Opening This Week

Prom Night (PG-13) A horror flick about kids trying to have fun on prom night without getting slashed to death by a psycho.

Smart People (R) A genius with no common sense (Dennis Quaid) learns to relax thanks to his freeloading brother (Thomas Haden Church) and connect with his daughter (Ellen Page) while finding love (Sarah Jessica Parker).

The Street Kings (R) See review here

Critical Capsules

21 (PG-13) Alternately rather dull and very silly, Robert Luketic’s 21 is the latest in the seemingly endless procession of fact-based movies where facts aren’t allowed to get in the way of the Hollywoodization of the story. This one’s about some M.I.T. students who took Vegas for a ride by counting cards to win at blackjack. The fact that the source book changed the main character from the Asian Jeffrey Ma into the Anglicized Kevin Lewis perhaps excuses his further transformation from Kevin Lewis into Ben Campbell (Jim Sturgess). Whether that also excuses the film’s efforts to increase sympathy by turning him into a poor boy trying to get money to go to Harvard Medical School is another matter. Regardless, the story is barely serviceable and the direction merely adequate. —Ken Hanke

The Bank Job (R) Roger Donaldson’s The Bank Job is two-thirds (the first and the last) of a great movie marred by a middling middle third. The big problem is that the film’s mid-section is the heist itself, which is never more than adequate. Even with Jason Statham as a perfect working-class hero, Donaldson can’t keep the requisite atmosphere going. —Ken Hanke

Doomsday (R) Neil Marshall’s (The Descent) latest film, Doomsday, has been getting pretty rough treatment from most critics, but it’s being misread as an attempt at a serious movie. The truth is it’s a cheerfully nihilistic exercise in campy, cheesy violence and gore. —Ken Hanke

Drillbit Taylor (PG-13) This latest offering from the Judd Apatow factory is nothing but a PG-13 knock-off of Superbad with three high school freshmen desperate for a bodyguard to protect them from a psychotic bully instead of three high school seniors desperate to get laid before school’s over. The other major difference is that a star — Owen Wilson — has been added to the mix. If the gears are showing in the overrated Apatow approach, so is the auto-pilot coming through loud and clear in Wilson’s performance. —Ken Hanke

Horton Hears a Who (G) This latest outburst of Seussian cinema is a reasonably faithful version of the book about an elephant, Horton (Jim Carrey), finding himself the savior of a speck of dust that just happens to contain the miscroscopic world of Whoville. The problem is that it’s too slight for a feature and the padding required to flesh it out is rarely inspired and all too often leans on snarky post-modern pop culture references. —Ken Hanke

In Bruges (R) Imagine if Laurel and Hardy were Irish hitmen caught in a web of existential angst. That’s what In Bruges is: intellectual slapstick, a ticklish combination of comic torment, a brutal grasping of life’s fickleness, and sheer bloody violence that’s like a shout in the dark. It makes you laugh, however shallowly, because what else can you do? It makes no goddamn sense at all. This is not an uplifting movie. Just so’s you know. Don’t expect kittens and balloons. —MaryAnn Johanson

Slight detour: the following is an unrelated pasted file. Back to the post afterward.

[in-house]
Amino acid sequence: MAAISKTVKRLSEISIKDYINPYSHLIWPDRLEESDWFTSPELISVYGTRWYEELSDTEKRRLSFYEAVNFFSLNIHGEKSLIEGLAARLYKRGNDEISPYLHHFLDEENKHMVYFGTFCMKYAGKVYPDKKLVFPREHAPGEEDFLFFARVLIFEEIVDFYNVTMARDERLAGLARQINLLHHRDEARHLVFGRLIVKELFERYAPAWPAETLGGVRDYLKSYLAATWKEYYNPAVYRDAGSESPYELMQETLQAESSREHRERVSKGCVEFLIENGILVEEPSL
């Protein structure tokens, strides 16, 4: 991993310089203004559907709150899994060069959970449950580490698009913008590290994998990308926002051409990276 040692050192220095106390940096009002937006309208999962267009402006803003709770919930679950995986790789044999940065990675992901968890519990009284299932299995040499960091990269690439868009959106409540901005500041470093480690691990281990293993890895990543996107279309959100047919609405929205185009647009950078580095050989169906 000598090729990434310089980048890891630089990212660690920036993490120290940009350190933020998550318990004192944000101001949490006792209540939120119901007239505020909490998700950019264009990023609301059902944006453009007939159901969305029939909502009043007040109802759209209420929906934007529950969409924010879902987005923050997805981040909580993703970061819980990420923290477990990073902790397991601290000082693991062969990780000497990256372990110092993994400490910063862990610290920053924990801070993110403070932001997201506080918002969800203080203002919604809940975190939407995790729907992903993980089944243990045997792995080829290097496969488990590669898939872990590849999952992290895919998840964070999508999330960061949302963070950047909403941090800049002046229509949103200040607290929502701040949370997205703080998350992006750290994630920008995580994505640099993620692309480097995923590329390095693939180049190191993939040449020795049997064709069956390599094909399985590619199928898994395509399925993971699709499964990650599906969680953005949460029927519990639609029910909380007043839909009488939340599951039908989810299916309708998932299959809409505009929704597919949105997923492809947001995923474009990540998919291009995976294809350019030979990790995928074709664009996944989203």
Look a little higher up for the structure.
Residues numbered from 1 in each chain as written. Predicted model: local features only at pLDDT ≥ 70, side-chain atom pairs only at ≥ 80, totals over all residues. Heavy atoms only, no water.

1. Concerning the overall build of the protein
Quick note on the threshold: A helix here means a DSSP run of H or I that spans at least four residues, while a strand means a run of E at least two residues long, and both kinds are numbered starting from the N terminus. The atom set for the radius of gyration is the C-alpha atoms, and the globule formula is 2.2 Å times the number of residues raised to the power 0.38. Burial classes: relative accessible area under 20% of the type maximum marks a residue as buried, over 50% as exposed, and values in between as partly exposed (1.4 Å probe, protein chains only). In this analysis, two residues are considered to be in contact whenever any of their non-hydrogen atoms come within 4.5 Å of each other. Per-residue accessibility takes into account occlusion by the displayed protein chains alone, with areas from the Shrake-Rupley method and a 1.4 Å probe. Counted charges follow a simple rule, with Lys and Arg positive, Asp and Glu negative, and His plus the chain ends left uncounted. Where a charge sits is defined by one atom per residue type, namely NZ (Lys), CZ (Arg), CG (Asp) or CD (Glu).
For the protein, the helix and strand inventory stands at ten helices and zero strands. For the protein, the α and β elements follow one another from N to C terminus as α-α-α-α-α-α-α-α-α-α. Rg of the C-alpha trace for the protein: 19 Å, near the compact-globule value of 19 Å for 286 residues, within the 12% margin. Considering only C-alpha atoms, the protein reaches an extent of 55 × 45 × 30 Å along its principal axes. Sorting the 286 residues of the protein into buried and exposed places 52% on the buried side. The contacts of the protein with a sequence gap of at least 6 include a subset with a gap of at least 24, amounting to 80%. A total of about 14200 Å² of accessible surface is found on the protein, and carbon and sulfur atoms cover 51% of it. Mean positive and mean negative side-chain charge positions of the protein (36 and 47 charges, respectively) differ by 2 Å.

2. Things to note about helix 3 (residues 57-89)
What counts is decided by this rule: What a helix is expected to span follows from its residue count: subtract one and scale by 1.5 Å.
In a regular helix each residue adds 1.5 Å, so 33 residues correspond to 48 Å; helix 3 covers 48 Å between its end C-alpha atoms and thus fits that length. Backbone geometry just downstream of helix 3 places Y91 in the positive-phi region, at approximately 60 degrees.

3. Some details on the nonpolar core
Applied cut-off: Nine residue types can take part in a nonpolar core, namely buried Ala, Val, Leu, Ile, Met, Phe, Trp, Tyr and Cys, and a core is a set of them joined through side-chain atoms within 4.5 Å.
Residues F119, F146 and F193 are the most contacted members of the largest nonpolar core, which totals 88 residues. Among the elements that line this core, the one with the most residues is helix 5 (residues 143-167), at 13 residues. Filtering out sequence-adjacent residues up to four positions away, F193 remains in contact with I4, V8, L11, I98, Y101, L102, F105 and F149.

Leatherheads (PG-13) While not 100 percent successful, George Clooney’s attempt at recreating the world of the screwball comedies of the 1930s and ’40s is a constantly amusing and pleasant two hours of entertainment that occasionally erupts into genuine hilarity. Clooney stars as Dodge Connelly, a 45-year-old pro-football player in 1925. When his rag-tag team runs out of teams to play and the money to play with, he hits on the idea of recruiting the hottest college player in the country, Carter Rutherford (John Krasinski). Not only is Rutherford the biggest name in college football, but he’s a war hero in the bargain. There’s only one catch — ace Chicago reporter Lexie Littleton (Renee Zellweger) has been sent by her paper to dig up the dirt on Rutherford’s heroism and discredit him. It all neatly follows the formula of the screwball comedy, even if it sometimes misses the manic intensity it aims for. —Ken Hanke

Miss Pettigrew Lives for a Day (PG-13) Miss Pettigrew is played by the goddess-like Frances McDormand, who refuses to make the at-first frumpy, seemingly stodgy Pettigrew into a caricature, as tempting as that may have been, and even as funny as that may have been. The same goes for Amy Adams, who plays a performer on the London stage in 1939. She’s supremely confident in a way that’s not overburdened with the weight of other people’s expectations. It’s a breezy kind of poise the likes of which is far more reminiscent of the screwball comedies of the 1930s and ’40s than it is of any depiction of women in popular films now. For all the roller coaster emotions — I was in tears by the end, and they were tears of both happiness and sadness — Miss Pettigrew does not hit a single wrong note. This could not be a more perfect movie. —MaryAnn Johanson

Never Back Down (PG-13) The story of the new kid at school (Sean Faris) who finds himself in the world of underground martial arts and must learn to fight for what he believes in. Aimed squarely at the most undemanding of teen audiences, this film is a cheesy, melodramatic look at rich kids and martial arts. It’s that perfect mix of accidental ineptitude and all-around stupidity that makes it somewhat engaging on a “What were they thinking?” level. —Justin Souther